The Reveal

Jesus had grown and was now about 30 years old. He had been traveling in different towns, but returns back to his hometown of Nazareth where he had grown up with his family. He had been teaching in the synagogues and on this particular sabbath, he went into his hometown synagogue in Nazareth.

Jesus had stood to read the scriptures and he was handed a scroll that contained the prophecies of Isaiah. Jesus unrolled the scroll until he reached Isaiah 61 where he read these words:

“The Spirit of the Lord is on me,
because he has anointed me
to proclaim good news to the poor.
He has sent me to proclaim freedom for the prisoners
and recovery of sight for the blind,
to set the oppressed free,
to proclaim the year of the Lord’s favor.”

Luke 4:18-19

Jesus read from Isaiah 61 verse 1 and the first half of verse 2 and then says:

“Today this scripture is fulfilled in your hearing.”

Luke 4:21

Before going on, here is a dramatization of this time in Nazareth. It isn’t precisely what we see in the Bible, but for a dramatization, I think it captures the scene pretty well and how the people felt – the good, the bad, and the ugly – of Jesus’s revelation to be the Christ, God’s annointed One.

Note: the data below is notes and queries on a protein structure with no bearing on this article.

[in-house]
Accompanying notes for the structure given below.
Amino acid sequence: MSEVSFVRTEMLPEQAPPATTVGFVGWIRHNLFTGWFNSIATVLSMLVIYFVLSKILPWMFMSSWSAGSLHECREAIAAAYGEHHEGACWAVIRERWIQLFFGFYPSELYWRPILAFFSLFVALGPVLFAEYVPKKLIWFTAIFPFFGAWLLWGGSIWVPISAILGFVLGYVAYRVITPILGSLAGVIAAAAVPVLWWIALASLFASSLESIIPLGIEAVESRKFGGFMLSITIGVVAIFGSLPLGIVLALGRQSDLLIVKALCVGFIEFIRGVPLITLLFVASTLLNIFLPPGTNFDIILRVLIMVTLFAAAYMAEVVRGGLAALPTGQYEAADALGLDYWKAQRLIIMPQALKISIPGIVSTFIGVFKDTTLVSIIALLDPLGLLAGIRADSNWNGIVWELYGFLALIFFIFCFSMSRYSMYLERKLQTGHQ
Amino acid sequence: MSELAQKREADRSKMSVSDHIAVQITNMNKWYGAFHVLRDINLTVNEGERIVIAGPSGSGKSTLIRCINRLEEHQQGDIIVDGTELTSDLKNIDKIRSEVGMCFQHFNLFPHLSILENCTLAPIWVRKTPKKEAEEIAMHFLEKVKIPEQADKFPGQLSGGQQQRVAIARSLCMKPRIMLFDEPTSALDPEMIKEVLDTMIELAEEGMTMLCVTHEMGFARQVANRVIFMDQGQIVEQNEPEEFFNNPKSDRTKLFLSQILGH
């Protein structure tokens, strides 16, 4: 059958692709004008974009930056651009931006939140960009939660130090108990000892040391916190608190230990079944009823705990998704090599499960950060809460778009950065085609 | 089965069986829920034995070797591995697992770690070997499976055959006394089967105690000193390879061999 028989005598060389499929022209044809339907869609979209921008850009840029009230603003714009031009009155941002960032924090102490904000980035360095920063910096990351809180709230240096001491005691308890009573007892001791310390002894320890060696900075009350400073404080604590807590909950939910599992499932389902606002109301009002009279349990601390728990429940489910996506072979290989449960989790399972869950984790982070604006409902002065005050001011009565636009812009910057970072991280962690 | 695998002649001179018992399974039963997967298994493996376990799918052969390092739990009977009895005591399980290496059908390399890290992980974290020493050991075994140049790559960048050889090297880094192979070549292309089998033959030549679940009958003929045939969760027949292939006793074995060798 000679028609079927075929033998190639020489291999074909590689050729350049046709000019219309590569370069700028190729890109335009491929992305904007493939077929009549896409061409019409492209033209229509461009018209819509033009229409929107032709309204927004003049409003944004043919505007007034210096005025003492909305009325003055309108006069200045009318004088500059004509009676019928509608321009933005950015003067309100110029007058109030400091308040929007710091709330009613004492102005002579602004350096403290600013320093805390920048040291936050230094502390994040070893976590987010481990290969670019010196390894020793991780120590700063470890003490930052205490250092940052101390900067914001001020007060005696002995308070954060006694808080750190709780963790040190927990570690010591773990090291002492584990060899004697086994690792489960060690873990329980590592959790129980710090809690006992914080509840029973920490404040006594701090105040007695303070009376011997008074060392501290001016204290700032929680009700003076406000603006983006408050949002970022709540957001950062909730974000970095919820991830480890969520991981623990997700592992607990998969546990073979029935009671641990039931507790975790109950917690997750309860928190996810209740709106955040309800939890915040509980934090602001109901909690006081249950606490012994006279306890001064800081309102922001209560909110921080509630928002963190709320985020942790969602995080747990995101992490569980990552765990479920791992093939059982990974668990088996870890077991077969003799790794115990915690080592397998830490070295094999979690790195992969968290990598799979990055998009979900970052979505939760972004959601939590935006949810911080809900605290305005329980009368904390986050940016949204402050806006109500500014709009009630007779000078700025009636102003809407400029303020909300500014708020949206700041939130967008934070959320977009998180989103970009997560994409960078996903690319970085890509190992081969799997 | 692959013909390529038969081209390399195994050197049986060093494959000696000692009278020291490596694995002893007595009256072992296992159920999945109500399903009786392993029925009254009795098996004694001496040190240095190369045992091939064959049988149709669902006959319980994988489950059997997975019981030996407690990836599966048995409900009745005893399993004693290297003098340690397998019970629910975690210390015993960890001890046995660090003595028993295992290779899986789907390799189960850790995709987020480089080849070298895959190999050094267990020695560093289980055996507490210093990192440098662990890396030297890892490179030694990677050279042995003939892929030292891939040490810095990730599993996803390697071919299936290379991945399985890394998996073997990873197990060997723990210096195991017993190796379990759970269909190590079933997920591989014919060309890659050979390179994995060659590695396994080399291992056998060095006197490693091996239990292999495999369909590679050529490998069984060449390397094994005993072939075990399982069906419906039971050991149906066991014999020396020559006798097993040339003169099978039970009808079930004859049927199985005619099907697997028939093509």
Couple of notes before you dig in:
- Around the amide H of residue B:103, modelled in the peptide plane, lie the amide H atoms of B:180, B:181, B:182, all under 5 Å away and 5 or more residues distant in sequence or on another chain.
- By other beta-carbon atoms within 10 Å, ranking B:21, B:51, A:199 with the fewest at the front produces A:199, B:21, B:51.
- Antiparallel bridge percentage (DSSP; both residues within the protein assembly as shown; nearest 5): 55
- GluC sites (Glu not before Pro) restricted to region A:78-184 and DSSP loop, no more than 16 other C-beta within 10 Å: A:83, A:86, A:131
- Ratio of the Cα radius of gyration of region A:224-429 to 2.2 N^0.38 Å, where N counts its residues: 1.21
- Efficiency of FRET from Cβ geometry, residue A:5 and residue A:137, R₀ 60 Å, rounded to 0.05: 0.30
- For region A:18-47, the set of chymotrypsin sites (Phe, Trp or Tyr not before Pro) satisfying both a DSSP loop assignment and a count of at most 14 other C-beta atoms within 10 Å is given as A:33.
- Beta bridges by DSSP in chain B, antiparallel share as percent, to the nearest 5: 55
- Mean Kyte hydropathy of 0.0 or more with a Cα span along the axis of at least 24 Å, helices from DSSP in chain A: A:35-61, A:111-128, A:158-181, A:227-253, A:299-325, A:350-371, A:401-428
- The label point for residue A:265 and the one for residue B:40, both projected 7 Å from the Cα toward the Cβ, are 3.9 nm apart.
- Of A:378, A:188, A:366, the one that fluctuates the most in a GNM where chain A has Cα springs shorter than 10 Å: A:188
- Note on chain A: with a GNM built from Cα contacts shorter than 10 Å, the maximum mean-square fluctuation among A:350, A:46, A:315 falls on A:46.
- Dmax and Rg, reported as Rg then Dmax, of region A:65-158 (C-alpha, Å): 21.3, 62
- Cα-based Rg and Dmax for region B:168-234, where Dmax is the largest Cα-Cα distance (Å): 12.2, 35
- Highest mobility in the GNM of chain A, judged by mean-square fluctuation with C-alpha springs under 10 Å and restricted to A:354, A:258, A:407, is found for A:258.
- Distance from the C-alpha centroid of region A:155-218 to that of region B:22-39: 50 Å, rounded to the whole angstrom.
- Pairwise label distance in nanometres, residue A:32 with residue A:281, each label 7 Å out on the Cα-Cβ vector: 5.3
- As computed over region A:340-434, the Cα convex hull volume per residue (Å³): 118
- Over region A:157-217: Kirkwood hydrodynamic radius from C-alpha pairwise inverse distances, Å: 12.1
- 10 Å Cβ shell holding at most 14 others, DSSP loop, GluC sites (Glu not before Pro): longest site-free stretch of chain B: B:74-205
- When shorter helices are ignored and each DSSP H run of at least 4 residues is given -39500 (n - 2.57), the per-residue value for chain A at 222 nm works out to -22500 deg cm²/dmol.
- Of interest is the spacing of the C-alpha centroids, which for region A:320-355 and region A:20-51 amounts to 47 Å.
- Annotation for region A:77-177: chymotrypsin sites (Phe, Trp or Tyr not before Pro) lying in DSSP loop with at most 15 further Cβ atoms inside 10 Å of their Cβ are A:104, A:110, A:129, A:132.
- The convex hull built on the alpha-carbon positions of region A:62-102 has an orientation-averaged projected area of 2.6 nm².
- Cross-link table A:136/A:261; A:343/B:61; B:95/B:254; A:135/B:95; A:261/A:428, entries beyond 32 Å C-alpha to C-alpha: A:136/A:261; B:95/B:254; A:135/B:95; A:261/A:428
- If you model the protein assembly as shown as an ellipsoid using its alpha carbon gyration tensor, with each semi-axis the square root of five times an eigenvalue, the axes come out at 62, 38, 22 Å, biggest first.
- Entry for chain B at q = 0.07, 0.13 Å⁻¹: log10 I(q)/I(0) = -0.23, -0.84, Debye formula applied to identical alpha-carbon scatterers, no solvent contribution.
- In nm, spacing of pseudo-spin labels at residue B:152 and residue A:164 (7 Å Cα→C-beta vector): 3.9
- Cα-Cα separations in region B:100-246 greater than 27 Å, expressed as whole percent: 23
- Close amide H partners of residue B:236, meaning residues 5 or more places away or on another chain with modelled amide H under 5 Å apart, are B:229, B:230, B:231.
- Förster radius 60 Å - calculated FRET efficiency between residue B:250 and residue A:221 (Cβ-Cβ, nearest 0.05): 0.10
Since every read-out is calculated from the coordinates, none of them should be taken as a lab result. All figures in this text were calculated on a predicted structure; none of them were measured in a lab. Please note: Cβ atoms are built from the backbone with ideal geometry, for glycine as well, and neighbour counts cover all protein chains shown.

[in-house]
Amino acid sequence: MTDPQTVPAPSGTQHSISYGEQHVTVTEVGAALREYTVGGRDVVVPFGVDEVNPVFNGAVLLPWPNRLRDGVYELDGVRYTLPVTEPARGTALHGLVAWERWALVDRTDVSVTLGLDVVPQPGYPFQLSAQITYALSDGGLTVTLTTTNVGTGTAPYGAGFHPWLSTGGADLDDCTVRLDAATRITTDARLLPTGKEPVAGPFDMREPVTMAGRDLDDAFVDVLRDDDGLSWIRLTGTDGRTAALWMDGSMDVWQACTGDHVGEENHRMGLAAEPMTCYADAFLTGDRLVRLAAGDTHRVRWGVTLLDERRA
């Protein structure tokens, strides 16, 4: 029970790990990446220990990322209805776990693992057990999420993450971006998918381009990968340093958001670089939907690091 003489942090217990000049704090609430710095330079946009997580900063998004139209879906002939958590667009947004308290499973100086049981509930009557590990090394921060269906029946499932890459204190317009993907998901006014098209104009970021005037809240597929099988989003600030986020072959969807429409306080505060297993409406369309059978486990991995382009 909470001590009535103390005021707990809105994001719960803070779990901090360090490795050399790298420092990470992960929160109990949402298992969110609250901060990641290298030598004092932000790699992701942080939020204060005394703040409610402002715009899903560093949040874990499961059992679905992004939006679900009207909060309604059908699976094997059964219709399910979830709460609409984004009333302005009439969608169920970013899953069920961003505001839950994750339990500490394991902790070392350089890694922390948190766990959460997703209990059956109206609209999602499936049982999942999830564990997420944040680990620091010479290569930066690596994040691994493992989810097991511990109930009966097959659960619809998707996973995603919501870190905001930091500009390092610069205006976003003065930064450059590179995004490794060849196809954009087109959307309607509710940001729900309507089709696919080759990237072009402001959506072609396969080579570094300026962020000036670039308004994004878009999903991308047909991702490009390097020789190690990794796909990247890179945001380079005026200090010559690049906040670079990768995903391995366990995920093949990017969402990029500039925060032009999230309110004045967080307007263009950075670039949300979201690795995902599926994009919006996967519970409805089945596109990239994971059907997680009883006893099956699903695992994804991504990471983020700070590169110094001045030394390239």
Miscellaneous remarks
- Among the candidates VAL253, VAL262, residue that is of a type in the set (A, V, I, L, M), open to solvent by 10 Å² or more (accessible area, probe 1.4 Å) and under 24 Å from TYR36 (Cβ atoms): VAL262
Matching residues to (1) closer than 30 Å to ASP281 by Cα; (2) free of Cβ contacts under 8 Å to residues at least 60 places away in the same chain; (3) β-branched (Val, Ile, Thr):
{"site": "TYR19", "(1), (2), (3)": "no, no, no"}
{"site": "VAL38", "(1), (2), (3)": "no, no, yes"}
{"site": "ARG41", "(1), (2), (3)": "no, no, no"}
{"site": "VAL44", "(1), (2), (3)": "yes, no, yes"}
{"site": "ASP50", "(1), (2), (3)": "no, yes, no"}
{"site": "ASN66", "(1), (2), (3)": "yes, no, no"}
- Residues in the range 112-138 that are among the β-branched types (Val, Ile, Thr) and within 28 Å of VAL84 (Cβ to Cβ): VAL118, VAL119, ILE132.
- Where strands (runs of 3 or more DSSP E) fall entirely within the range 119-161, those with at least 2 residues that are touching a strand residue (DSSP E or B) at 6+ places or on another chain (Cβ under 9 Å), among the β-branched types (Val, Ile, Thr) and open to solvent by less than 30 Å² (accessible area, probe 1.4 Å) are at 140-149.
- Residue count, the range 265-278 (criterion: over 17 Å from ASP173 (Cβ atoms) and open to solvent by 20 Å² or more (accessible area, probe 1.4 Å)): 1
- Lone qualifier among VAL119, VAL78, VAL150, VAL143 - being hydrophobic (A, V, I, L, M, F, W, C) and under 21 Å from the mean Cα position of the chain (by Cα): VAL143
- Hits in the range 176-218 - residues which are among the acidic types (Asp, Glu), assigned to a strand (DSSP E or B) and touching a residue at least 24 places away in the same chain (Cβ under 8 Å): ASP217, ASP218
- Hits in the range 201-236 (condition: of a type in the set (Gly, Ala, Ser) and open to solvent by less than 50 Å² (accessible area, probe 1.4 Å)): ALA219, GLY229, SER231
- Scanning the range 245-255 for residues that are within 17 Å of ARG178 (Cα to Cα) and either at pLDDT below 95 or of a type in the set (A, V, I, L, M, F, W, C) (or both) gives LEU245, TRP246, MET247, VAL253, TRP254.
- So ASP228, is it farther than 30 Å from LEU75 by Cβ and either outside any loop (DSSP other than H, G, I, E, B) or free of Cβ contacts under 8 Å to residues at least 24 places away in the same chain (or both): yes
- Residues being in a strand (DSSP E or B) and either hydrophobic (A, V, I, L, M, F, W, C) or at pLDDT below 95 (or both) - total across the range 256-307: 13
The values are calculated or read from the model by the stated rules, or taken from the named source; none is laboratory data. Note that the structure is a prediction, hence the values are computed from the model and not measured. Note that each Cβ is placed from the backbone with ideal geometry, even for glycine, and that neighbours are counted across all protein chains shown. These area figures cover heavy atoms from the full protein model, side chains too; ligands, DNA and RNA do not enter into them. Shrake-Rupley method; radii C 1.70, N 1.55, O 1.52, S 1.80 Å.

The first thing that we see is that Jesus selects Isaiah 61, and in this passage in Isaiah, the annointed One of God is speaking. This is the Christ, the Messiah, that is speaking to the people of Israel through Isaiah, and now, Jesus reads it to the people in the synagogue in Nazareth and then tells the people that the scripture is fulfilled in their hearing.

Jesus is telling them that he, himself, is the Messiah. He is the Christ. He has come to:

Proclaim good news to the poor.

Bind up the brokenhearted.

To proclaim freedom for the captives.

To release the prisoners from darkness.

And proclaim the year of the Lord’s favor.

Later, the Jews begin to think that Jesus may be the Messiah and they fill these words with a different meaning. They think that the “good news” for the poor is that Jesus will make them rich. They think that binding up the brokenhearted means that he will turn their emotional sadness into happiness. That he will remove the people from their captors, the Romans. That he will let prisoners out of Roman prisons. And that they will be favored by God so that the political nation of Israel will be restored.

But that is not at all what Jesus is referring to. Jesus isn’t a political king. He is much, much more than a political king. He is a spiritual King, the King of kings. He rules over not only the political nations of the world, but also all of heaven and earth. He rules over the evil forces and principalities of the heavens. No, Jesus has come to reveal his Kingship to the people, setting them free from everything that stands in opposition to the Kingdom of God, reestablishing God’s reign on the earth because he himself is the King.

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